What comes to mind first from the word “leaning” is resting one’s back, or left or right side against something. The reason for avoiding eating in such a condition – as it is understood from the mentioned narrations – is to avoid behaving like arrogant people and to express humility before God.

Some scholars have interpreted the word “leaning” in these narrations as a particular form of sitting in which one’s tendency to eat increases, such as sitting cross-legged. But the

Prophet sat in such a way as if he was ready to rise at any moment.72

Also, this etiquette of sitting does not bring about gluttony. The way the Prophet sat humbly is likened to the way servants sat – with modesty and humility. The Prophet himself said, “Indeed I am a servant who eats like servants and sits like them.”73

Also, Imam Baqir said, “The Prophet ate like servants and sat like them. And he ate and slept on the ground.”74

He also quoted the Prophet saying:

There are five things which I will not quit until the time of my death: eating on the ground together with servants, riding saddeless mounts, milking goats with my hands, wearing woolen clothes, and greeting (saying salam to) children, so that they become customary (sunnah) after me.75

The intention of the Prophet in making these simple behaviours customary is the message that lies behind them, which is to be humble with people.

It is narrated from ibn Abbas that the Prophet sat and ate on the ground. And he accepted the invitation of servants for eating barley bread.76 Imam Sadiq also said: “The holy Prophet ate like a servant and sat like a servant, and he knew himself a servant.”77

While sitting on the ground like a servant, the Prophet sat on his knees like servant as a sign of humility before God. This interpretation is mentioned in a narration from Tabarsi in the following way:

Most of the time, when the Prophet ate, he ate from the food that was in front of him, and sat on his knees, similar to a person who is performing prayer sits at the time of tashahhud, except that he put one knee on the other knee and one foot on the other foot. He said, ‘I am a servant who eats like a servant and sits like a servant.’78

Besides what was mentioned, the Prophet also discouraged eating while lying on the back or the stomach. In addition to politeness and modesty, this was also because of health-related issues.79

Avoiding Formalities (takalluf) in providing the items

The Prophet – especially considering the economic state of that time – did not have any strict commitments to the formalities or the unnecessary items related to serving the food. For example, if in some cases there was no tablecloth – or something that could be used instead the Prophet would eat on the ground.80

One day, one of the Ansar brought some dates for the Prophet as a gift. But since they found no dishes at home, the Prophet cleaned a space on the ground with a piece of cloth, and said, “Place them here. By God if the world had the value of a fly’s wing in the eyes of God, He would not give any of it to the disbelievers and hypocrites.”81

It should be mentioned here that considering the Prophet’s concern for hygiene, putting the dates on the ground does not mean consuming them in that condition, and they would of course be consumed after being cleaned.

The Prophet also ate with his hands. This means that, considering the circumstances of his time, he invited his followers to simplicity of life. Here it is necessary to mention two points:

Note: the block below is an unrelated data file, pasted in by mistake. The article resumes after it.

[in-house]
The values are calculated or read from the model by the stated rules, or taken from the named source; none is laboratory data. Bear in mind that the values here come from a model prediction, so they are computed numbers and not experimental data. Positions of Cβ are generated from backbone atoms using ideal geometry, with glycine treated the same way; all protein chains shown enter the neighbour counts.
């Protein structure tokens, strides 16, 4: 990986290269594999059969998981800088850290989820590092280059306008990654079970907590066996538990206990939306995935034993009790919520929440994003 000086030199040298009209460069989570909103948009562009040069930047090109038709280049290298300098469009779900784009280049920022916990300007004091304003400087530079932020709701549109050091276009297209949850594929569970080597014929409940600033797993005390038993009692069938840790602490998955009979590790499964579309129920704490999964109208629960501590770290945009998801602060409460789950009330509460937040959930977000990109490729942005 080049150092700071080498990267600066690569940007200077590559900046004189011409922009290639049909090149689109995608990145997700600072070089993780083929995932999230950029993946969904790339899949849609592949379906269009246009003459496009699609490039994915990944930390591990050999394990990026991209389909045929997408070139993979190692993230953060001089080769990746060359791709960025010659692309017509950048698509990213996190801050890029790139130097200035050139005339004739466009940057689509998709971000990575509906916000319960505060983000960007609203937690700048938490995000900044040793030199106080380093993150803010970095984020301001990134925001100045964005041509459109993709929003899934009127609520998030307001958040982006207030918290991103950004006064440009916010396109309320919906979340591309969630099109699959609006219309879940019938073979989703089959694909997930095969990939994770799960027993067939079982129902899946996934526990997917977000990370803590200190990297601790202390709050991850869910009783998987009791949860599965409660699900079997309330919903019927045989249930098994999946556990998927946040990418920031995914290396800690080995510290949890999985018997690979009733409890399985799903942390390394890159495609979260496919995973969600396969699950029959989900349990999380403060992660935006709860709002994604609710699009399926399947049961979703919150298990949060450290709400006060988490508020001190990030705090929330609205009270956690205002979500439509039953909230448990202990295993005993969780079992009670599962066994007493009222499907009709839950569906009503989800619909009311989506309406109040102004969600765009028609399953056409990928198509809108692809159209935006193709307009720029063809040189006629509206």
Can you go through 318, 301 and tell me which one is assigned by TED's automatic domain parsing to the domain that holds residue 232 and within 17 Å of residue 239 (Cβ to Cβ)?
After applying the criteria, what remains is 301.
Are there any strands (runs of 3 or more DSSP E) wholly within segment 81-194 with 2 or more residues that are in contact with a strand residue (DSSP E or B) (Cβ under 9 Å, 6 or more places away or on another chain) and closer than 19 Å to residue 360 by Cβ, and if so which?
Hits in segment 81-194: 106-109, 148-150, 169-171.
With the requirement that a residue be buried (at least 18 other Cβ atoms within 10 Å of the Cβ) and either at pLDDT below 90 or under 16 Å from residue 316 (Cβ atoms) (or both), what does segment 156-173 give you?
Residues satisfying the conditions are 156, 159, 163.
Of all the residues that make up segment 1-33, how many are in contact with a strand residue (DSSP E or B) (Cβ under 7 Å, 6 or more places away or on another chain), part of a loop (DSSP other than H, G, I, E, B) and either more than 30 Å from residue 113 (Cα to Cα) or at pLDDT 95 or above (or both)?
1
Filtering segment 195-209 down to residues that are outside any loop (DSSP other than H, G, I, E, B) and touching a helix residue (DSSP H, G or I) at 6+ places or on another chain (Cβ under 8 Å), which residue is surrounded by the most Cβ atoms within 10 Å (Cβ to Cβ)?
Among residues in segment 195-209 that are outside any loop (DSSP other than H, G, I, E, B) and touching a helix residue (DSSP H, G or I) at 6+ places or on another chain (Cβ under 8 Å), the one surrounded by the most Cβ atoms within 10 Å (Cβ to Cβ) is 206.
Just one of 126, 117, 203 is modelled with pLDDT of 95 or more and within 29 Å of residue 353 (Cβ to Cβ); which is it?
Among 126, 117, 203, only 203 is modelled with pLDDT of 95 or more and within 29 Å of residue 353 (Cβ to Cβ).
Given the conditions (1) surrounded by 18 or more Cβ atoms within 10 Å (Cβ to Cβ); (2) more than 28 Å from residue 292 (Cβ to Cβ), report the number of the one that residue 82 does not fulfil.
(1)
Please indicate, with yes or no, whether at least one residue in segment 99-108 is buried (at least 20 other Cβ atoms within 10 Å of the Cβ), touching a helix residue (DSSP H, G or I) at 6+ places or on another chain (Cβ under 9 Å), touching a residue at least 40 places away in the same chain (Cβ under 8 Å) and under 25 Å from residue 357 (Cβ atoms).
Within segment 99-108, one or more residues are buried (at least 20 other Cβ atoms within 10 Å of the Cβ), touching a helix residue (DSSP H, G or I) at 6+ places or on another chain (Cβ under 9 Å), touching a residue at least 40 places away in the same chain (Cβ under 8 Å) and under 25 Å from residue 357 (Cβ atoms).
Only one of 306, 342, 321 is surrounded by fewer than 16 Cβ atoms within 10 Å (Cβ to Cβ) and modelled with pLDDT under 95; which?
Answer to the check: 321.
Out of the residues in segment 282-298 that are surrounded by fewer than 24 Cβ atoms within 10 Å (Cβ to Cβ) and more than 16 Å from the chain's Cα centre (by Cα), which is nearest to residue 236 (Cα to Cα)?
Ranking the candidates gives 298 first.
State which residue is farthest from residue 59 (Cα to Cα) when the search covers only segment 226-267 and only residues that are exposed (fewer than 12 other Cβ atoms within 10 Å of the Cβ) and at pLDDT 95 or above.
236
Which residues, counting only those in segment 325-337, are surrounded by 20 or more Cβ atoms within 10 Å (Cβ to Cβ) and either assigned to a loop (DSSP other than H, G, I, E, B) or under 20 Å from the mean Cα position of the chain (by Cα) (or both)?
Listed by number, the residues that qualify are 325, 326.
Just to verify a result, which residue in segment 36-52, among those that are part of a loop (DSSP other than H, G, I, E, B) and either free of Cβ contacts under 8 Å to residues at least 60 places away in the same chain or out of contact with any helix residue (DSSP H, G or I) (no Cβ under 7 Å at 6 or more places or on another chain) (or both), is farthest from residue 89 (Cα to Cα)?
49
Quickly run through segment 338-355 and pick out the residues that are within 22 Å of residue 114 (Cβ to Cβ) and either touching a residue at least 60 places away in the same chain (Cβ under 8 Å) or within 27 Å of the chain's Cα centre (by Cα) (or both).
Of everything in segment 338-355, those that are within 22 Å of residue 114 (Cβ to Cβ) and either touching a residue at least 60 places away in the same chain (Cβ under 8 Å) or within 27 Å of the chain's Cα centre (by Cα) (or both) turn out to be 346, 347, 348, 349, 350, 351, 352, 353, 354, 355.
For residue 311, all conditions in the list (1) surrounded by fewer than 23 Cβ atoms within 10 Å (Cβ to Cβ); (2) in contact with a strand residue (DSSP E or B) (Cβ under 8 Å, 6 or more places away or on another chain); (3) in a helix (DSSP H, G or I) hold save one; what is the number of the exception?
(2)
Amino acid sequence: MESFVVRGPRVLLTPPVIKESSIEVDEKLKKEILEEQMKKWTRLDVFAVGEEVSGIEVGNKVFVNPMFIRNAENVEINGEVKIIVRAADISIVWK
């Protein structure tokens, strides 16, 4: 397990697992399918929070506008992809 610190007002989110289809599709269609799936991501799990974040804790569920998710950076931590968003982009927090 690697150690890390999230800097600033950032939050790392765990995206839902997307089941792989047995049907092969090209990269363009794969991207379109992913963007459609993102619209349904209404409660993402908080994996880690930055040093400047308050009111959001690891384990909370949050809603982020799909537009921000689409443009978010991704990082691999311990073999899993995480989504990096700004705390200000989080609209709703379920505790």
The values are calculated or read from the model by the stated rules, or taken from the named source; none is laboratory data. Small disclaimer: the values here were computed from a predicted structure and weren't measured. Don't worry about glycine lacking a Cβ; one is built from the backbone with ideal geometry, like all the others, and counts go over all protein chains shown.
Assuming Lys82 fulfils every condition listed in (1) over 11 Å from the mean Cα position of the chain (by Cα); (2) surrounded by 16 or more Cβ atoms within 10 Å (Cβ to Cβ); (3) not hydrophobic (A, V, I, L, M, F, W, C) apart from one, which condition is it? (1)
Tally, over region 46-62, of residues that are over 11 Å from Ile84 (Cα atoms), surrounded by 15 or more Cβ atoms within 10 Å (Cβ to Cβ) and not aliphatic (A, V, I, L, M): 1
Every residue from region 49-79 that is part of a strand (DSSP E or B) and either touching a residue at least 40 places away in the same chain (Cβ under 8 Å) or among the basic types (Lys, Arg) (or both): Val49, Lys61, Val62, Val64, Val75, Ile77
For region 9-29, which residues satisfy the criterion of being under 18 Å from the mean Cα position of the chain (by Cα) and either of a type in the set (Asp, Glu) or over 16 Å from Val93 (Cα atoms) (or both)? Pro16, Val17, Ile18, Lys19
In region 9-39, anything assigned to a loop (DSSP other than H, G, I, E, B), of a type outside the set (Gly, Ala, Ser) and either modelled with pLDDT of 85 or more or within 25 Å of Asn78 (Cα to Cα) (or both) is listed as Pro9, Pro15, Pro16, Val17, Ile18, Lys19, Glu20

First, eating by hands is not in disagreement with observing hygiene; because, as it will be mentioned in the discussion about food hygiene, the Prophet washed his hands before and after eating.

Second, the message of these kinds of narrations is not that the followers of the Prophet today should also eat by hand. But rather the message is that in case formalities and other related items cannot be provided, one should not go through a lot of difficulties for providing them.

The way the Prophet ate with his hand was such as to not look similar in the slightest degree to the way arrogant people ate. The Prophet, depending on the kind of food, ate with three or four fingers, and sometimes used his whole hand if necessary, or even his both hands.82 Regarding this, Imam Sadiq said:

The Prophet sat like a servant, put his hand on the ground, and ate with three fingers. He did not eat with two fingers like arrogant people.83

Tabarsi describes this as follows:

The Prophet ate with three fingers: the thumb and the two adjacent fingers (the index and middle fingers), and sometimes he ate with four fingers, and [sometimes] with his whole hand. He did not eat with two fingers

and would say: ‘Eating with two fingers is [like] the way Satan eats.”84

Avoiding waste

Regarding consuming the food that remains in the dish, the Prophet said, “The greatest blessing is in the end of the food.”85

Imam Sadiq also stated: “The Prophet wiped the dish of the food and said, ‘Anyone who does this, his action is like he has given charity to the size of the dish of his food.’”86

The Prophet wiped the dish of the food and said: “The end of the food has the greatest blessing, and the angles hail those who do this and pray for the abundance of their sustenance. And there is a double reward for them.”87

The fact that wiping the dish of the food is known as bringing about blessing might be because of the reason that there is a kind of thankfulness for the Godly gifts, and avoidance of squander and ungratefulness in it. Thus, the person who does this is addressed by the following verse of the Qur’an:

“If you are grateful, I will surely enhance you [in blessing].” (14:7)

Observing Food Hygiene

One of the important characteristics of the Prophet was the attention he gave to hygiene in various dimensions, especially in eating and drinking. For instance, washing the hands, both before and after eating, was very much emphasized by the Prophet.